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Qualcomm, MediaTek Wi-Fi Chips Vulnerable to Kr00k-Like Attacks

The Kr00k vulnerability disclosed earlier this has only been found to impact devices using Wi-Fi chips from Broadcom and Cypress, but researchers revealed this week that similar flaws have been discovered in chips made by Qualcomm and MediaTek.

The Kr00k vulnerability disclosed earlier this has only been found to impact devices using Wi-Fi chips from Broadcom and Cypress, but researchers revealed this week that similar flaws have been discovered in chips made by Qualcomm and MediaTek.

Cybersecurity firm ESET reported in February that billions of Wi-Fi-capable devices may have been at one point affected by a vulnerability that could have been exploited to obtain sensitive information from wireless communications.

The security hole, named Kr00k and tracked as CVE-2019-15126, caused affected devices to use an all-zero encryption key to encrypt some of a user’s communications. This enabled a malicious actor to decrypt some of the packets transmitted by these devices.New Kr00k vulnerabilities found

Kr00k attacks can be launched when a disassociation occurs. That is when a device is disconnected from a wireless network due to switching access points, signal interference, or when the Wi-Fi feature is disabled. When the device is reassociated, due to the vulnerability, a nearby attacker can capture several kilobytes of potentially sensitive data and decrypt it. In order to increase their chances of success, an attacker could manually trigger disassociations and reassociations.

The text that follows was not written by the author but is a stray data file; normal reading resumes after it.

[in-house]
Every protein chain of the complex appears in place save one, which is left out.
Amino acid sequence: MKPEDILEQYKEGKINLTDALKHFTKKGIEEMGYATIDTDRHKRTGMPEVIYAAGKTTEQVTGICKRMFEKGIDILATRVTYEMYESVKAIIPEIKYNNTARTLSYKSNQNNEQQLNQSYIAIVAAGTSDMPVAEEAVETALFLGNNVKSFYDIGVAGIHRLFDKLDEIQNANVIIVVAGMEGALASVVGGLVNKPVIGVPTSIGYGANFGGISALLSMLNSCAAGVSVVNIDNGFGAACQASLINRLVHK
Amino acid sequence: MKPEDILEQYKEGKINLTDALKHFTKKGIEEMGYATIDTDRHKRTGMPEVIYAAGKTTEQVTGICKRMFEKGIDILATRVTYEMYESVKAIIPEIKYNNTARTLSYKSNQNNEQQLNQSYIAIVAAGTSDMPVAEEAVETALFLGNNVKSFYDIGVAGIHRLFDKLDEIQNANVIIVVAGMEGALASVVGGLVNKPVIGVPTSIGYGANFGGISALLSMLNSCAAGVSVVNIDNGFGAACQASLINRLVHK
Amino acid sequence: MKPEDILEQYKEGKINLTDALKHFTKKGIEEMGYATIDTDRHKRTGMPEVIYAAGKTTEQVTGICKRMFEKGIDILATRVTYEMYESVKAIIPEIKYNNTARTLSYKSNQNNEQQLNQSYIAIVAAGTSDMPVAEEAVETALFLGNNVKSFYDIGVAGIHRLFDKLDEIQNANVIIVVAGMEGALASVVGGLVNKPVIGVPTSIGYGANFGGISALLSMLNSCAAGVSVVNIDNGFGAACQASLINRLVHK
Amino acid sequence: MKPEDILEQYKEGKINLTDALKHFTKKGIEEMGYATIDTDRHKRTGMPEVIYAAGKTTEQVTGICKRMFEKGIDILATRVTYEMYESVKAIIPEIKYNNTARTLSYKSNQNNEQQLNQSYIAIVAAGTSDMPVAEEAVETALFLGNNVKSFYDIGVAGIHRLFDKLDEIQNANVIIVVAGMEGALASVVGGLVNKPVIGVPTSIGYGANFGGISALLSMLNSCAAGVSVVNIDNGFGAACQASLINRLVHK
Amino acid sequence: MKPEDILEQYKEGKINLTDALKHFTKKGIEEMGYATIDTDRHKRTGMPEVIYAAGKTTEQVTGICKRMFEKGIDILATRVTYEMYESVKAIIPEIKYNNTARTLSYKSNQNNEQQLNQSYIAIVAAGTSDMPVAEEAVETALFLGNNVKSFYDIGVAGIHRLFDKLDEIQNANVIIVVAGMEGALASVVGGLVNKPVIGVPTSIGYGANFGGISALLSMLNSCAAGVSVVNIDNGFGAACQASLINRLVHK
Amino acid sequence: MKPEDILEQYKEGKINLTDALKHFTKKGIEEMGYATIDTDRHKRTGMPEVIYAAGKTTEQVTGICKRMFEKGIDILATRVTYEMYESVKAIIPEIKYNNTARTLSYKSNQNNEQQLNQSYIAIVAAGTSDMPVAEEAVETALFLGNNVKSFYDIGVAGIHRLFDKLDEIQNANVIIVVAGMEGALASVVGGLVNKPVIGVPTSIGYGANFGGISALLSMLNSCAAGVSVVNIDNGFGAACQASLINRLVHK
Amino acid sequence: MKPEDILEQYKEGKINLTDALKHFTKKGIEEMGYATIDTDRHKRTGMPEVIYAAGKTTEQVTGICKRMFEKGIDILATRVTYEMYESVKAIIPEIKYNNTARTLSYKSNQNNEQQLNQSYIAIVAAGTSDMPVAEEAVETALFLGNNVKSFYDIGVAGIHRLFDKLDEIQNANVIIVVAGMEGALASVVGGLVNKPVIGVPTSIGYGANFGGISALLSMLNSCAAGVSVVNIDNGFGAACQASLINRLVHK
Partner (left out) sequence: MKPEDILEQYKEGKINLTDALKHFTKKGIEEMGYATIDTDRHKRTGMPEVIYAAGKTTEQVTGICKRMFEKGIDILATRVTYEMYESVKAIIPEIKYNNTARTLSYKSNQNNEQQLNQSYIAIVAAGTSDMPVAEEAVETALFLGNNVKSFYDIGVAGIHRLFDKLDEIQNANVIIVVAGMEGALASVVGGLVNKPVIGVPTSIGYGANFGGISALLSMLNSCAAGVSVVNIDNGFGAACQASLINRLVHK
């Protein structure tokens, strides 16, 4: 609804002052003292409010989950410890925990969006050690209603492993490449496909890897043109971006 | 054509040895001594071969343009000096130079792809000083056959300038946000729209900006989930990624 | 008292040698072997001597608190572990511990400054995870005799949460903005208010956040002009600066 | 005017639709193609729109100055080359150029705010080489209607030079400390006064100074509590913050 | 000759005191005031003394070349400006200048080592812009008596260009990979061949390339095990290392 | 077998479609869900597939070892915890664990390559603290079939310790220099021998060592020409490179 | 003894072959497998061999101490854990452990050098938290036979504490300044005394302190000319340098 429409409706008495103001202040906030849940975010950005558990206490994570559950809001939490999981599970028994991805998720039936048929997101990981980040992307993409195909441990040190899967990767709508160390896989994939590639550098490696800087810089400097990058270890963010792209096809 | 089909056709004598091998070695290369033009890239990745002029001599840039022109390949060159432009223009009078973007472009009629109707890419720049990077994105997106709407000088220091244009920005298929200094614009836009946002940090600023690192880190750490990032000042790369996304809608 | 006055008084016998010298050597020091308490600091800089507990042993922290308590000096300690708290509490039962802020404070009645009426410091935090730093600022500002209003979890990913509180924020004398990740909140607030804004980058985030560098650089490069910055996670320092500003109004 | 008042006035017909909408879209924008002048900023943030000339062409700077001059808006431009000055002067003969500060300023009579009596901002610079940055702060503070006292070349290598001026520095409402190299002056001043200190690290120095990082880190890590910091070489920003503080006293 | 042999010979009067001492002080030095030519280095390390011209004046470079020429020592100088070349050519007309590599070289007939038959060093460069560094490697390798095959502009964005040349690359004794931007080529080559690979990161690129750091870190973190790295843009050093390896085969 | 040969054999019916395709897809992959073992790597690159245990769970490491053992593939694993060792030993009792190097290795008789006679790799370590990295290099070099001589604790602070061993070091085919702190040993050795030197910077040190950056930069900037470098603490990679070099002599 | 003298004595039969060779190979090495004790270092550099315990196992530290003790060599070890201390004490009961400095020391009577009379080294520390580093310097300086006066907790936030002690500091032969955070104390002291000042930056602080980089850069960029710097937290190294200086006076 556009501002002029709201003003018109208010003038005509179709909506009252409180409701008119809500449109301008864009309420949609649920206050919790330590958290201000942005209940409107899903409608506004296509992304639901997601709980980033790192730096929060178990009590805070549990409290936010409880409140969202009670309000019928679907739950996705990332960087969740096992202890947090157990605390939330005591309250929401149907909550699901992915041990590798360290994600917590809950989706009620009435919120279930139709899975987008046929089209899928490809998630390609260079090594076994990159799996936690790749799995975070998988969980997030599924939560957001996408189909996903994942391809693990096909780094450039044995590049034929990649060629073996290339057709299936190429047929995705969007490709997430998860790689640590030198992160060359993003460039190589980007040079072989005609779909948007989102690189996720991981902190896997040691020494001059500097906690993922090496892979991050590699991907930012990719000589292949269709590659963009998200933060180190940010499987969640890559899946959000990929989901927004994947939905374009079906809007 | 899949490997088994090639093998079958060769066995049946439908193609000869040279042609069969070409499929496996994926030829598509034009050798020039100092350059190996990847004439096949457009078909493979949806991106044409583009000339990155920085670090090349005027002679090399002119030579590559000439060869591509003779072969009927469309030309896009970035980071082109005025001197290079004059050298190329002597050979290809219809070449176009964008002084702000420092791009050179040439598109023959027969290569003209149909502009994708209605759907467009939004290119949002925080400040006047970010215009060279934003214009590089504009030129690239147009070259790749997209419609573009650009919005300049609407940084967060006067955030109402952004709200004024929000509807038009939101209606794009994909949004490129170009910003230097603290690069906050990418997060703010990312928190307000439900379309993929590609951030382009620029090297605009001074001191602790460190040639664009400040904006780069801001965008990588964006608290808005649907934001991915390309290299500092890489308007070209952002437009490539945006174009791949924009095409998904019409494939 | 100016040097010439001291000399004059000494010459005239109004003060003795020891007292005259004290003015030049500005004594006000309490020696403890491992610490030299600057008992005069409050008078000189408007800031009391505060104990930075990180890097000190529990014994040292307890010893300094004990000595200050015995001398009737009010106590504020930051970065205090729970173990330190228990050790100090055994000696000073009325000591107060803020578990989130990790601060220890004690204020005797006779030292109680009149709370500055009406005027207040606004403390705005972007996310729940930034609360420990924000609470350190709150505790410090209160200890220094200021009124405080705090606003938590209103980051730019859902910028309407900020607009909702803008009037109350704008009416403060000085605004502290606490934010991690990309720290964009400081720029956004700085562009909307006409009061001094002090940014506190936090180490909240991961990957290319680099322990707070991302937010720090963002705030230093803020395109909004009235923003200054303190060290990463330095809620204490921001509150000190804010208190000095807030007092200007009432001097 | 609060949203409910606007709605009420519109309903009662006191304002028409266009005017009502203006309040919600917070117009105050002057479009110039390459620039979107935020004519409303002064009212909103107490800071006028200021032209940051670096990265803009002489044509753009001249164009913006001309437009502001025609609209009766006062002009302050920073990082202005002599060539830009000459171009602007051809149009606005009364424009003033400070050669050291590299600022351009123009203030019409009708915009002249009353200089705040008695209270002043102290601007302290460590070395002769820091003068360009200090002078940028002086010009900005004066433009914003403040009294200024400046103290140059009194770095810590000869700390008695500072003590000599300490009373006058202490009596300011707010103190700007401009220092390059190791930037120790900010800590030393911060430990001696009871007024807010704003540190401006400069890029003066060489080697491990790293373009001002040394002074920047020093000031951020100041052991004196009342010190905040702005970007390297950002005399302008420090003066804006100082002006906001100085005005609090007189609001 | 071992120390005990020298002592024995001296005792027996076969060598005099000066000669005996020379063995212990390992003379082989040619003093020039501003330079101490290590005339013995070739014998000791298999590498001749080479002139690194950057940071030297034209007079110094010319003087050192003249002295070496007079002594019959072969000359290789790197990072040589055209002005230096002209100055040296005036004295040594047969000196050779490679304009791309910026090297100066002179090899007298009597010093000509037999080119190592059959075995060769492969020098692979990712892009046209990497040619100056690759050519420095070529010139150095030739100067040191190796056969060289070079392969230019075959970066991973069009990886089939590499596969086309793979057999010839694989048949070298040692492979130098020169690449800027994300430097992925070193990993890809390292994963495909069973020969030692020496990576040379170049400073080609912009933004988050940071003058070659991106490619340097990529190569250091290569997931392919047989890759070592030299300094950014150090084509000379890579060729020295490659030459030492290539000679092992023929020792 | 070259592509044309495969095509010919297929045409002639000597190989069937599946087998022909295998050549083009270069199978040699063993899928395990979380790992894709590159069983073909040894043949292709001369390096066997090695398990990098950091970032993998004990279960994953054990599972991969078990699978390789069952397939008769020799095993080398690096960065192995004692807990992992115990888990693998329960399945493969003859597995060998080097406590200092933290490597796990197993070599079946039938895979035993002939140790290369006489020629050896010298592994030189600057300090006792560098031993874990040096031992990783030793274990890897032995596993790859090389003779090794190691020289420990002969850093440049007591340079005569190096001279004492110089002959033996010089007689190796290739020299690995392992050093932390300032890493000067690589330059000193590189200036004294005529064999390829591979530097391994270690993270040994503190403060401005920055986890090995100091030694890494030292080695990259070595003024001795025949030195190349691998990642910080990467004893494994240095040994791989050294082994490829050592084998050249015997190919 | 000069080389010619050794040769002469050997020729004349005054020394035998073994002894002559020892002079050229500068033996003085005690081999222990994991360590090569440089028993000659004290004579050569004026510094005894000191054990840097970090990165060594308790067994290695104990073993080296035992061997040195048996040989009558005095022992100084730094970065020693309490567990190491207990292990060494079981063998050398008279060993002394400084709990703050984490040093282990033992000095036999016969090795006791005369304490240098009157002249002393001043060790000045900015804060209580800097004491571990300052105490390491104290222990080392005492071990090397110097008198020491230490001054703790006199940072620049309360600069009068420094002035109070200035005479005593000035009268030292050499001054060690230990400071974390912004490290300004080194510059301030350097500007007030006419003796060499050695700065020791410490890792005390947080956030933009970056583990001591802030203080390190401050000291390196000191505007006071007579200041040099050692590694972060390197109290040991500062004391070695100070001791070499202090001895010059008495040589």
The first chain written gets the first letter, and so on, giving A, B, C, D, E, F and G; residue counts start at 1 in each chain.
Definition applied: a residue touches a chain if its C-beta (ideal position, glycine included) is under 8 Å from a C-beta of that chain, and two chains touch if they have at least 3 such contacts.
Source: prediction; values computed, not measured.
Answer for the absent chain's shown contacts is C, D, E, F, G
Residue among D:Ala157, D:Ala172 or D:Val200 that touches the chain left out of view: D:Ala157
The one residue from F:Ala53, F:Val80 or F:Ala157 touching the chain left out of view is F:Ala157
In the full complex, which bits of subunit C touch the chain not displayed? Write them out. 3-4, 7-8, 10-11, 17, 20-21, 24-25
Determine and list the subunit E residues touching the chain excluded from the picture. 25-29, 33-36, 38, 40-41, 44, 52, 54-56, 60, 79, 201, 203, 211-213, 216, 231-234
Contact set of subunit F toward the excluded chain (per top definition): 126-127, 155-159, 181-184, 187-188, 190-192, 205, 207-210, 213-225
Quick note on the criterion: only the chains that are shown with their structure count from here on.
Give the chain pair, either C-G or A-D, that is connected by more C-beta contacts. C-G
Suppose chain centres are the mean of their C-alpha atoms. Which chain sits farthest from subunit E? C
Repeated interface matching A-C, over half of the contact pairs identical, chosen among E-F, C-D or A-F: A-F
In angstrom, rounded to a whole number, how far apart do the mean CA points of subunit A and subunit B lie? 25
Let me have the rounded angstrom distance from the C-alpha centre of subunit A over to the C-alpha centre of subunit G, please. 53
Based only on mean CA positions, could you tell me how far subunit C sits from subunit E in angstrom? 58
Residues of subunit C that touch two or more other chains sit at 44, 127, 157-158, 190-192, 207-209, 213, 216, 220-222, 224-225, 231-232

Broadcom and Cypress released patches after being notified by ESET. Impacted products included laptops, tablets, smartphones, routers and IoT devices made by Amazon, Google, Apple, Samsung, Xiaomi, Huawei, Raspberry Pi Foundation, and Asus.

While Wi-Fi chips from Qualcomm, Ralink, Realtek and MediaTek are not vulnerable to Kr00k attacks, ESET researchers discovered that they are affected by similar flaws.

In the case of Qualcomm — the vulnerability is tracked as CVE-2020-3702 — an attacker can obtain sensitive data after triggering a disassociation, but the difference is that the captured data is not encrypted at all, unlike in the case of Kr00k, where an all-zero key is used for encryption.

“The devices we tested and found to have been vulnerable are the D-Link DCH-G020 Smart Home Hub and the Turris Omnia wireless router. Of course, any other unpatched devices using the vulnerable Qualcomm chipsets will also be vulnerable,” ESET said.

Qualcomm released a patch for its proprietary driver in July, but some devices use open source Linux drivers and it’s not clear if those will be patched as well.

“Providing technologies that support robust security and privacy is a priority for Qualcomm. We commend the security researchers from ESET for using industry-standard coordinated disclosure practices. Qualcomm has already made mitigations available to OEMs in May 2020, and we encourage end users to update their devices as patches have become available from OEMs,” a Qualcomm spokesperson told SecurityWeek.

MediaTek Wi-Fi chips have also been found to use no encryption at all. These chips are used in Asus routers and even in the Microsoft Azure Sphere development kit.

“Azure Sphere uses MediaTek’s MT3620 microcontroller and targets a wide range of IoT applications, including smart home, commercial, industrial and many other domains,” ESET explained.

MediaTek released fixes in March and April, while the Azure Sphere OS was patched in July.

Since several proof-of-concept (PoC) exploits have already been released for the Kr00k attack, ESET has now decided to release a script that tells users if a device is vulnerable to Kr00k or the newer attack variants.

*updated with statement from Qualcomm

Related: Cisco to Release Updates for Wireless Products Affected by Kr00k Vulnerability

Related: Wi-Fi Flaws Expose iPhone, Nexus Phones to Attacks

Written By

Eduard Kovacs (@EduardKovacs) is a contributing editor at SecurityWeek. He worked as a high school IT teacher for two years before starting a career in journalism as Softpedia’s security news reporter. Eduard holds a bachelor’s degree in industrial informatics and a master’s degree in computer techniques applied in electrical engineering.

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